**Baddass' 19" Panel Comparison - the 8ms vs 12ms TFT's**

Soldato
Joined
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UK
Nowadays, the TFT market has started to strongly concentrate on a select few panels. More and more manufacturers are using the same panels as competitors do in their displays, and so performance between different TFT’s becomes very similar. As such, I have always suggested that a TFT purchase is based a lot on the looks of the model, and the addition of any features like DVI, USB hubs, Pivot/ Rotate functions etc which might be handy to you. Obviously price always comes into your selection, but at least the choice of panel is not so varied as it once was.

I thought it might be handy therefore if I tried to do a summary of 2 of the most popular panels used in 19” TFT’s today. You can then compare the panels available, choose one where the performance is what you need, and then find a model which looks nice and is a good price for you. I’ve borrowed some test results taken by Tom’s Hardware Guide as they do some good panel analysis in their reviews. Hopefully the info on the panels available will help distinguish between the popular panels used and identify in which areas the panels are good and bad, compared with one another.

There is a common question popping up all the time at the moment, and that is “what is the best to go for out of the 12ms and 8ms 19 inch TFT’s?” hopefully this comparison might help people decide:
:)



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The 19” Displays Compared

The 8ms Samsung 190EX-L01 TN Panel
(Hyundai L90D+, Samsung 913N, BenQ FP937S+)

vs.

The 12ms LG Philips LM190E03 panel TN Panel
and 12ms AU Optronics M190EN04 TN panel

Note: these both offer very similar performance

Viewsonic VX912, BenQ FP937S - AUO
LG1980U, Phillips 190X5)



======================================================
Comparison 1. Pixel Response and Latency

8ms_and_12ms_latencycomparison.jpg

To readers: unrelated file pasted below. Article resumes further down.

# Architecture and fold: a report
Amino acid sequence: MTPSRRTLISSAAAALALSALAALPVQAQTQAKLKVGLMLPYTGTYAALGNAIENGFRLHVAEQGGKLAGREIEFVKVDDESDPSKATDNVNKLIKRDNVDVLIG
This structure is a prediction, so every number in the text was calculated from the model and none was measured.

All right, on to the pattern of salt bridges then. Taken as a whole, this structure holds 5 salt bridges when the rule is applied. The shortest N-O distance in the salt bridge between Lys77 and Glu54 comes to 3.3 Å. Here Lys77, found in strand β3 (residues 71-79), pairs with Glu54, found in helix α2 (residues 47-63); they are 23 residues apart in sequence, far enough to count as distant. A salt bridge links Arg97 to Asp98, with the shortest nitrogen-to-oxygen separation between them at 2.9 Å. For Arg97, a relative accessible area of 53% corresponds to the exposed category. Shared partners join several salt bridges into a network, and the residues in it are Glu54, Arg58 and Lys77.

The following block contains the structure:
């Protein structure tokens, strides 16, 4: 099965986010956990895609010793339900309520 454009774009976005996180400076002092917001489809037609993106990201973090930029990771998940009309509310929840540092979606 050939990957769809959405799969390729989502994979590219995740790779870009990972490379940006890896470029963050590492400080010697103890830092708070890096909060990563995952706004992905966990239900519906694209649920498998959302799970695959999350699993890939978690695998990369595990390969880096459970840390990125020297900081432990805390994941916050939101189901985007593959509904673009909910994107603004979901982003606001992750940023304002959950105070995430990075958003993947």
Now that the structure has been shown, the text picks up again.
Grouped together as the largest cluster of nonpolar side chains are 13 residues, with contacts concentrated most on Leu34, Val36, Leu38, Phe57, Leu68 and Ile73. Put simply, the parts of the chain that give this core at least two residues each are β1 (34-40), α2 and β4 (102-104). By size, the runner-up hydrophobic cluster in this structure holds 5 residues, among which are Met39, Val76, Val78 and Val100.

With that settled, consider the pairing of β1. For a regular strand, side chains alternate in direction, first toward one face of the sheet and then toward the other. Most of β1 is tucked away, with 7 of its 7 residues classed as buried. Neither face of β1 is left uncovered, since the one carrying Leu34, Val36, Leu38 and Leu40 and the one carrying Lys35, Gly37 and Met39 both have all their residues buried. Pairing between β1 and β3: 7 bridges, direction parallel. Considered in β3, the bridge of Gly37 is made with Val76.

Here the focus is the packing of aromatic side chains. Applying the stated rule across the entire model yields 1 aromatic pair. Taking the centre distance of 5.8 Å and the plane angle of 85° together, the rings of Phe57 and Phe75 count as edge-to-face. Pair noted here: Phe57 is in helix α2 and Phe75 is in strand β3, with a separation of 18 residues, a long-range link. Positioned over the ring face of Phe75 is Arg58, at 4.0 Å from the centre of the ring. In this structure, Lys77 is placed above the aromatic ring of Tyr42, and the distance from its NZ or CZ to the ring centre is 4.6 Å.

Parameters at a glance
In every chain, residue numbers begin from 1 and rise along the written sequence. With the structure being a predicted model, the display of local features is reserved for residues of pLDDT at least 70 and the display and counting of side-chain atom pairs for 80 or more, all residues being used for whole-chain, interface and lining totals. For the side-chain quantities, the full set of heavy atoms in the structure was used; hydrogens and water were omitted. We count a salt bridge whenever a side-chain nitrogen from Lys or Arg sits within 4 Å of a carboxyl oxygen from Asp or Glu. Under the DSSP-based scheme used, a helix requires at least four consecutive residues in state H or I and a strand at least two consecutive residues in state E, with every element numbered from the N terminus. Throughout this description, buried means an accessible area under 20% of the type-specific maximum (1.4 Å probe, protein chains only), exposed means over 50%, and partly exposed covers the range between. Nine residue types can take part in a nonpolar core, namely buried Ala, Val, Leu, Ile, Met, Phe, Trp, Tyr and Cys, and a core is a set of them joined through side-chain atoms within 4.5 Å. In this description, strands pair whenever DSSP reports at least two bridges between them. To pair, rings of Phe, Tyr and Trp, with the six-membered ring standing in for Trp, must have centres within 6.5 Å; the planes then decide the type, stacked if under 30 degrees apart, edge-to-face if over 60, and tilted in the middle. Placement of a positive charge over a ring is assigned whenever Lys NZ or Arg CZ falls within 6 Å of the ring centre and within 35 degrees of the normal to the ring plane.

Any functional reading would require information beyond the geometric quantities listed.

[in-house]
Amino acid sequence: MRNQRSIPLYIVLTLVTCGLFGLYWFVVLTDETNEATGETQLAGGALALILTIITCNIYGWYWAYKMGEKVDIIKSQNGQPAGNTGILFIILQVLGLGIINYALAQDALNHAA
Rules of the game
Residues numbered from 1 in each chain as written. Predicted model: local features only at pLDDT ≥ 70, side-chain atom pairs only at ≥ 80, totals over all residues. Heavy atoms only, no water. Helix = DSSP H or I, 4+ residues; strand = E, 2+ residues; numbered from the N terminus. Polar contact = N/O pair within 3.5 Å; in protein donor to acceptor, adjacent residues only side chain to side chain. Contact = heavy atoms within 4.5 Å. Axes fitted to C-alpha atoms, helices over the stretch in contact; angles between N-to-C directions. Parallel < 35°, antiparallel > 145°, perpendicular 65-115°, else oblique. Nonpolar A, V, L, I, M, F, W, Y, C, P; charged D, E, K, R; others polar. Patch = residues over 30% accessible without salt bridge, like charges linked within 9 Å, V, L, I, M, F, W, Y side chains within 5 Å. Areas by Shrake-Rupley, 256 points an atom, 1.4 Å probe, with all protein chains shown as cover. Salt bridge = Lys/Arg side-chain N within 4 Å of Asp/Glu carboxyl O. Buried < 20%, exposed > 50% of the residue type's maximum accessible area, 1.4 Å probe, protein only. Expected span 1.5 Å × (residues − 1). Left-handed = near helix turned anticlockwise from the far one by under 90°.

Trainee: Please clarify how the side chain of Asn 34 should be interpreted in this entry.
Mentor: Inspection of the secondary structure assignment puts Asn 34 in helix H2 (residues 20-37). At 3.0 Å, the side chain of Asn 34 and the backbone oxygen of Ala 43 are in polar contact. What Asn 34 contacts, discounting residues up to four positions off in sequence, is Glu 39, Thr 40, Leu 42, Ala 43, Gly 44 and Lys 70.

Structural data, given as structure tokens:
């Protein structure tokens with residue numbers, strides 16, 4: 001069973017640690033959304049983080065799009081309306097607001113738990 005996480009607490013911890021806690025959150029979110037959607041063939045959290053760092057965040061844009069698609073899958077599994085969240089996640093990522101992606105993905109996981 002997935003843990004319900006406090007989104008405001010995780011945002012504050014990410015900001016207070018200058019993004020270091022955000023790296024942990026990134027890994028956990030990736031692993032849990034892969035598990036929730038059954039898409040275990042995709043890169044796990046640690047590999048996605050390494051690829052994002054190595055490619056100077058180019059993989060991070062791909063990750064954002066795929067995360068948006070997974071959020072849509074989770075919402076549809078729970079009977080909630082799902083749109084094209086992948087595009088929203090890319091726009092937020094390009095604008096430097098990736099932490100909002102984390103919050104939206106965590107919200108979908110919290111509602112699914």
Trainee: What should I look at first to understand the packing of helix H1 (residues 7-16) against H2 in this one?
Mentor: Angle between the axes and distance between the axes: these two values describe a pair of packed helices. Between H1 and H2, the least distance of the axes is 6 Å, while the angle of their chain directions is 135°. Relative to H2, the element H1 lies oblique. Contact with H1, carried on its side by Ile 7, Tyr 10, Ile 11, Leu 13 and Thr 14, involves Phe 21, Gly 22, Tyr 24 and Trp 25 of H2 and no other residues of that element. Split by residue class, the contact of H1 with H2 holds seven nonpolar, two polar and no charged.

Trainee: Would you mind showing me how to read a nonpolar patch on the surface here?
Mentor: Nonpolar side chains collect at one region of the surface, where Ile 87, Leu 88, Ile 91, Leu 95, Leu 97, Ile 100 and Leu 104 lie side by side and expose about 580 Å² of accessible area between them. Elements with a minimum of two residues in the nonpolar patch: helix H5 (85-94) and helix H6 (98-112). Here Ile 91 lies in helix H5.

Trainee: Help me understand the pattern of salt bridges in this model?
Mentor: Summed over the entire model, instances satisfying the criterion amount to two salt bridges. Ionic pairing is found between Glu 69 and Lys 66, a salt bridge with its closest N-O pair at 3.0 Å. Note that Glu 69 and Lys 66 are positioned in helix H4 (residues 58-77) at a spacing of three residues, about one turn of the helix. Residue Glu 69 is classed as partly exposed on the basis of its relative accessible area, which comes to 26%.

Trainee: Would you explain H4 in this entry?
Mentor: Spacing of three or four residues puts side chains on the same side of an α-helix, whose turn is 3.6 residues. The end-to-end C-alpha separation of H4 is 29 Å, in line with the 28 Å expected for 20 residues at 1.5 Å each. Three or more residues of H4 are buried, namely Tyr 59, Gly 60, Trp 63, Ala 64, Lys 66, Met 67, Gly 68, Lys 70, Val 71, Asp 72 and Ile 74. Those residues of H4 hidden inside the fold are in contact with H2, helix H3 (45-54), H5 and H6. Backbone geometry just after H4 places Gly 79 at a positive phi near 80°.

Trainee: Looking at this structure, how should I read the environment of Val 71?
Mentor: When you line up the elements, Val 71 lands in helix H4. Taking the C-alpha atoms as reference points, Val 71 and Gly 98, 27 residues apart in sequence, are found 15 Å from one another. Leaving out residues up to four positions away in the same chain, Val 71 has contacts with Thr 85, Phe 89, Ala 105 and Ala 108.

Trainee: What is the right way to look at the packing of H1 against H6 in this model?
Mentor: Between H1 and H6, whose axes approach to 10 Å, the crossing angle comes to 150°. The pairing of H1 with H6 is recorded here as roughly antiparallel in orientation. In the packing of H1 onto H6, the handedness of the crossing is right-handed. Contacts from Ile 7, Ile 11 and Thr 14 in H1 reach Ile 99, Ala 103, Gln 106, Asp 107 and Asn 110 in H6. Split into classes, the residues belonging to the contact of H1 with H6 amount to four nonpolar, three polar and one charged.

The first graph above shows the latency of the 8ms panel compared with that of the BenQ F71e+ (which uses the 8ms AU Optronics panel, the fastest 17” panel available at the moment). The point at the far right (code 255) is the black-white transition which should be the fastest response time of the panel (which is the value normally quoted by the manufacturer). The black-white did reach 8ms as quoted by the manufacturer but only at extreme brightness / contrast settings. In reality, at suitable usable settings, the response time black-white was more like 10ms. The slowest response time of a black-grey transitions (code 50 upwards) was 27.5ms. Black-grey changes are always slower than the black-white, don’t let this put you off in any way.

For the second graph, the 12ms LG Phillips panel was pitted against the same 8ms AU Optronics 17” panel. The black-white transtion (code 255) is at best, 16ms. This is a little slower than the manufacturers spec of 12ms, but still very good. The latency peak (code 100 – 130), i.e. slowest response time, is in the darker transition areas, and so is potentially less noticeable than if it were in the lighter transition area. The slowest response time for this panel is about 34ms, not much slower than the 8ms model.

While the 8ms panel tops the 12ms a bit, that isn’t to say the 12ms is bad. It was previously king of response time for the 19” market, before the 8ms came along. Both are very good for gaming, but for the purposes of this comparison:

---------------------------------------------